Vendors cater to the tastes of their customers which tends to run from mild to no heat at all.  However, for the fearless there are breads, jams, jellies, salsas and cookies are available with hotter peppers such as habañeros (also called Scotch bonnets).

My friend Martin Simon, an expert on peppers, makes his own chipotle powder by smoking and then drying red jalapeños He uses these peppers to make chipotle en adobo,  chipotle salsa and chipotle jam.  He asked our vendors why they didn’t have red jalapeños.  He found out that there is some confusion about color, appearance and ripeness. 

First, all peppers will turn red as they ripen.  Bell peppers, however, will be all dried out and/or rotten by the time this happens.  So they are ripe when green, firm, and fragrant.  The lovely red, orange and yellow bell peppers we see have been bred to become these bright colors.  When buying these colored peppers, again choose firm fleshed peppers.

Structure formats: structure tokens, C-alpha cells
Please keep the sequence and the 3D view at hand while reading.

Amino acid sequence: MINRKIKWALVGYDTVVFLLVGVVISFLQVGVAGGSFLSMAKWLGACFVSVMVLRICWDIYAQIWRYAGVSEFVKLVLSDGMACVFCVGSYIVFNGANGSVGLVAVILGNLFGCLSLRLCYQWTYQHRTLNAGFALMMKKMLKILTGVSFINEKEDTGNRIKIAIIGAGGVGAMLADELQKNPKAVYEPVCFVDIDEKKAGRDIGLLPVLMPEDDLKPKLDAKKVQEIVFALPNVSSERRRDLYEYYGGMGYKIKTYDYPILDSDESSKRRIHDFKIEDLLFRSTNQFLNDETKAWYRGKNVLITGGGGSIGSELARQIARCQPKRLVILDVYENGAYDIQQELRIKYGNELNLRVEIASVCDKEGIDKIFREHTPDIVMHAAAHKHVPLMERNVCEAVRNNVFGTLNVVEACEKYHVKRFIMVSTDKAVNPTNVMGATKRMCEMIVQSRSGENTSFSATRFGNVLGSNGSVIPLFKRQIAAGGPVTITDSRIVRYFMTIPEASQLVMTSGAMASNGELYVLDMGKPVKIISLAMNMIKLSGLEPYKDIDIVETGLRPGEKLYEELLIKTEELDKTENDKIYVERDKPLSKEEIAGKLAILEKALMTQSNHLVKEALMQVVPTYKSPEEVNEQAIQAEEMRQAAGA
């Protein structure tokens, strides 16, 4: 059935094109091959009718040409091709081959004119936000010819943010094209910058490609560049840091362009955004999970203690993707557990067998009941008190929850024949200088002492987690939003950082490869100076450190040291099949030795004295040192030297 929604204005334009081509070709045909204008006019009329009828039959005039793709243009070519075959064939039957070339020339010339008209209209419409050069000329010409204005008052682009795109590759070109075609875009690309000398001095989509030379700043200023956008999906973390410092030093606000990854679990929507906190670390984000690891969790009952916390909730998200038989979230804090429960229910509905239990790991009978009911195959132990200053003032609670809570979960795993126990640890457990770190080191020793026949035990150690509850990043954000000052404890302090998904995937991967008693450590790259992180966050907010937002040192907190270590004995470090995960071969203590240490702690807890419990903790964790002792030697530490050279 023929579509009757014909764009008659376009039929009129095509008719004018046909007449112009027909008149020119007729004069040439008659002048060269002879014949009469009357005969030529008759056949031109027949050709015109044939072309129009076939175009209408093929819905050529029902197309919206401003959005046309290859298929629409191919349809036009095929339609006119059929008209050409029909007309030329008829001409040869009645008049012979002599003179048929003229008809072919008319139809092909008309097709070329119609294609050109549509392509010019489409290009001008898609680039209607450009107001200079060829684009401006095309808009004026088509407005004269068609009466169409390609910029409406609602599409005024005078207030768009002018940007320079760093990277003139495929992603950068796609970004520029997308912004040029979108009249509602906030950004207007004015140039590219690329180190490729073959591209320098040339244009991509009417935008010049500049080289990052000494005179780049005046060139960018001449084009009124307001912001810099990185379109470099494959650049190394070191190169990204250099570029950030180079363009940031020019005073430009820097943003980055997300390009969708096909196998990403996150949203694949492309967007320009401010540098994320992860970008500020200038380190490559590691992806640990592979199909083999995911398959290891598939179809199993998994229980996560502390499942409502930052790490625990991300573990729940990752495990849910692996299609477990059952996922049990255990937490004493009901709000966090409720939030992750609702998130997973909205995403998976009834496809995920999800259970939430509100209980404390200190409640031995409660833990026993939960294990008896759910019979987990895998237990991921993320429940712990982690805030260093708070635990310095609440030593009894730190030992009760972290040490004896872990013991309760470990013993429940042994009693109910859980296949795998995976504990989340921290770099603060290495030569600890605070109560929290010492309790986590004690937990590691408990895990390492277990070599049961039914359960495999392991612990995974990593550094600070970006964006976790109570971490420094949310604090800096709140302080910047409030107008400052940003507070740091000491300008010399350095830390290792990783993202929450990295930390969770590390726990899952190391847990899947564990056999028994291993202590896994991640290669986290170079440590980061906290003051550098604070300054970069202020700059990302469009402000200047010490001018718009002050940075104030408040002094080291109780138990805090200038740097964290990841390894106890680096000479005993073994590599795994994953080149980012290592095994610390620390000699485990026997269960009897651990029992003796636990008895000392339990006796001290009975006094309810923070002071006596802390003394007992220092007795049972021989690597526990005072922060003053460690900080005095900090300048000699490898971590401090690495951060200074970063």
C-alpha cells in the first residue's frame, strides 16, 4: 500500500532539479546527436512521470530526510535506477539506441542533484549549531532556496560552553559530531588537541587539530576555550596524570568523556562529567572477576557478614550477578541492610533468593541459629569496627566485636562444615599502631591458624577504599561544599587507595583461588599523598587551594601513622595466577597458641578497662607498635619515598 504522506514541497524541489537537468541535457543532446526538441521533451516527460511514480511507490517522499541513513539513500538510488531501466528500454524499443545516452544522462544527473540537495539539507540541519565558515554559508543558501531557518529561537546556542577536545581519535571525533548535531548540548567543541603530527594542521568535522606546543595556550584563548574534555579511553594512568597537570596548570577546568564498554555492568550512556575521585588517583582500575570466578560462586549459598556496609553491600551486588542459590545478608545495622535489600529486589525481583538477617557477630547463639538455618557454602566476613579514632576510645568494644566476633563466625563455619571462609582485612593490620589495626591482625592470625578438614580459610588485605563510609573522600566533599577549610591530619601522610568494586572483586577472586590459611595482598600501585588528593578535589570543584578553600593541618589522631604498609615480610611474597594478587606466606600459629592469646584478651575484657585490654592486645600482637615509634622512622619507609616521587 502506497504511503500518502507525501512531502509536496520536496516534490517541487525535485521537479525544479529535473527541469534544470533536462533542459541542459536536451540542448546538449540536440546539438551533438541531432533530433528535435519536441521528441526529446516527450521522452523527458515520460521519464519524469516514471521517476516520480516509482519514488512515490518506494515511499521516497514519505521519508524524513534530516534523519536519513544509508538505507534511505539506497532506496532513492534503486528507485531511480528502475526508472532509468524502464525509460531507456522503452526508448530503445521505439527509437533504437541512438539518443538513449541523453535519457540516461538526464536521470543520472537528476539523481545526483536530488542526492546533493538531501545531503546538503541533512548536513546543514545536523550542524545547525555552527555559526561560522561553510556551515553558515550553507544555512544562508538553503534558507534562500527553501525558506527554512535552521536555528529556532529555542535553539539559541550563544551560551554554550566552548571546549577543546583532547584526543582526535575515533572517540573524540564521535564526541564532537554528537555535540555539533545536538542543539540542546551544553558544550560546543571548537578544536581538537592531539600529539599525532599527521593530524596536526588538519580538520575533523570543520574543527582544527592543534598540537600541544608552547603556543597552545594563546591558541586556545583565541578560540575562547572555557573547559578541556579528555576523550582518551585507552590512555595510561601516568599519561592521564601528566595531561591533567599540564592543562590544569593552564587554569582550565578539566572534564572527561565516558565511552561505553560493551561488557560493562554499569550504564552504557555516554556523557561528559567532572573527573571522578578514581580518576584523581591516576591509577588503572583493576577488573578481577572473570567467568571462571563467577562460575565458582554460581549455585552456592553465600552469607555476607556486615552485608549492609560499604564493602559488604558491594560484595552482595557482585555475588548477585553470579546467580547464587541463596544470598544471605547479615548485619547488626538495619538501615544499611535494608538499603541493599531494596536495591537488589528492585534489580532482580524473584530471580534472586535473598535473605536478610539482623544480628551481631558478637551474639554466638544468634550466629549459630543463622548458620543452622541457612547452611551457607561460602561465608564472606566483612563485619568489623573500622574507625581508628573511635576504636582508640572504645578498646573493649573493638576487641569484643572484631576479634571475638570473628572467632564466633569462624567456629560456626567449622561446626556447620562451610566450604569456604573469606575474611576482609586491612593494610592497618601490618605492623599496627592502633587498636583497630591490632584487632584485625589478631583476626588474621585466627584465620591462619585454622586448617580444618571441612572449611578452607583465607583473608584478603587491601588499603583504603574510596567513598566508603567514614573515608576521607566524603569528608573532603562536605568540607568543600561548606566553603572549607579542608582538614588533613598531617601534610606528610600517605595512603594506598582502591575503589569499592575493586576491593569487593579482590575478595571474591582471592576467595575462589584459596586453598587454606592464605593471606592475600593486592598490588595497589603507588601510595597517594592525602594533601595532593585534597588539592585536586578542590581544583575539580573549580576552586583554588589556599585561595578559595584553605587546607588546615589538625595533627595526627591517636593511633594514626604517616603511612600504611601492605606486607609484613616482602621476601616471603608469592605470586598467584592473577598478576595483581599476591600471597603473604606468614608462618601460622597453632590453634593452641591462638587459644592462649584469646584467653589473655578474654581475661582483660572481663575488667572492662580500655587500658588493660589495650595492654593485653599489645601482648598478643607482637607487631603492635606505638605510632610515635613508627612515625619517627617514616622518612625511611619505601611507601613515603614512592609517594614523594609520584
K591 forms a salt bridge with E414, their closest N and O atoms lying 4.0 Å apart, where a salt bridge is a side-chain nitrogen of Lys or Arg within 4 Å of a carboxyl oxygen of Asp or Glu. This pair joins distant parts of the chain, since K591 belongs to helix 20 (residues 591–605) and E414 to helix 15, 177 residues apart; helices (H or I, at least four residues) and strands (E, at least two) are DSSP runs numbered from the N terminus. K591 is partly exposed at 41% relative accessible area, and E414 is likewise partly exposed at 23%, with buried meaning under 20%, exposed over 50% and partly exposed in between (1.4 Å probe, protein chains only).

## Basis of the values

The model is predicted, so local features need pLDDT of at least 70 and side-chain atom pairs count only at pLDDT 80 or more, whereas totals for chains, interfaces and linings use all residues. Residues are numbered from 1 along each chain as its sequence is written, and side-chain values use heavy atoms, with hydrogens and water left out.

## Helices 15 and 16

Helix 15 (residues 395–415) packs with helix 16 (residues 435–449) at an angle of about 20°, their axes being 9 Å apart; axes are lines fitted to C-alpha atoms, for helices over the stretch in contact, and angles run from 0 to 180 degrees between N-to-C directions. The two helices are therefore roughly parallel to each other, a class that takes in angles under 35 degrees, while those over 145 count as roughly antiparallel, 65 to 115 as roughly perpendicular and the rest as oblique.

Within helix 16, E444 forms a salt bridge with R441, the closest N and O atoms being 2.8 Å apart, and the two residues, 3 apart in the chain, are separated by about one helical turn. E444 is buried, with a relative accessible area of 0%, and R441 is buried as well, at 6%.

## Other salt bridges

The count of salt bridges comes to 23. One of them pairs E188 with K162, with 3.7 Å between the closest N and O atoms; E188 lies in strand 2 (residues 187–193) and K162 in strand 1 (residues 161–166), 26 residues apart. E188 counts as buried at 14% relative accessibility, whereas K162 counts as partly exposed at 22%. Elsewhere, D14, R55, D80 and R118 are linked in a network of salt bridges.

Jalapeños do turn red when ripe.  Both the green and red phases of ripeness tend to develop brown vertical lines along the pepper.  These are NOT indicators of insect damage, chemicals, or rot.  The lines are indicators of ripeness.

Jalapeños are sometimes deceiving in how hot they can be; they can be nearly as mild as a bell or “blow your socks off” hot.  There is no foolproof way for us to determine heat except taste.  Chemically there is a rating system called the Scoville Scale which measures the amount of capsaicin in a pepper.  Having said that, the pointy tip of the jalapeño is the mildest part of the pepper.  Taste near the stem for more accurate heat information.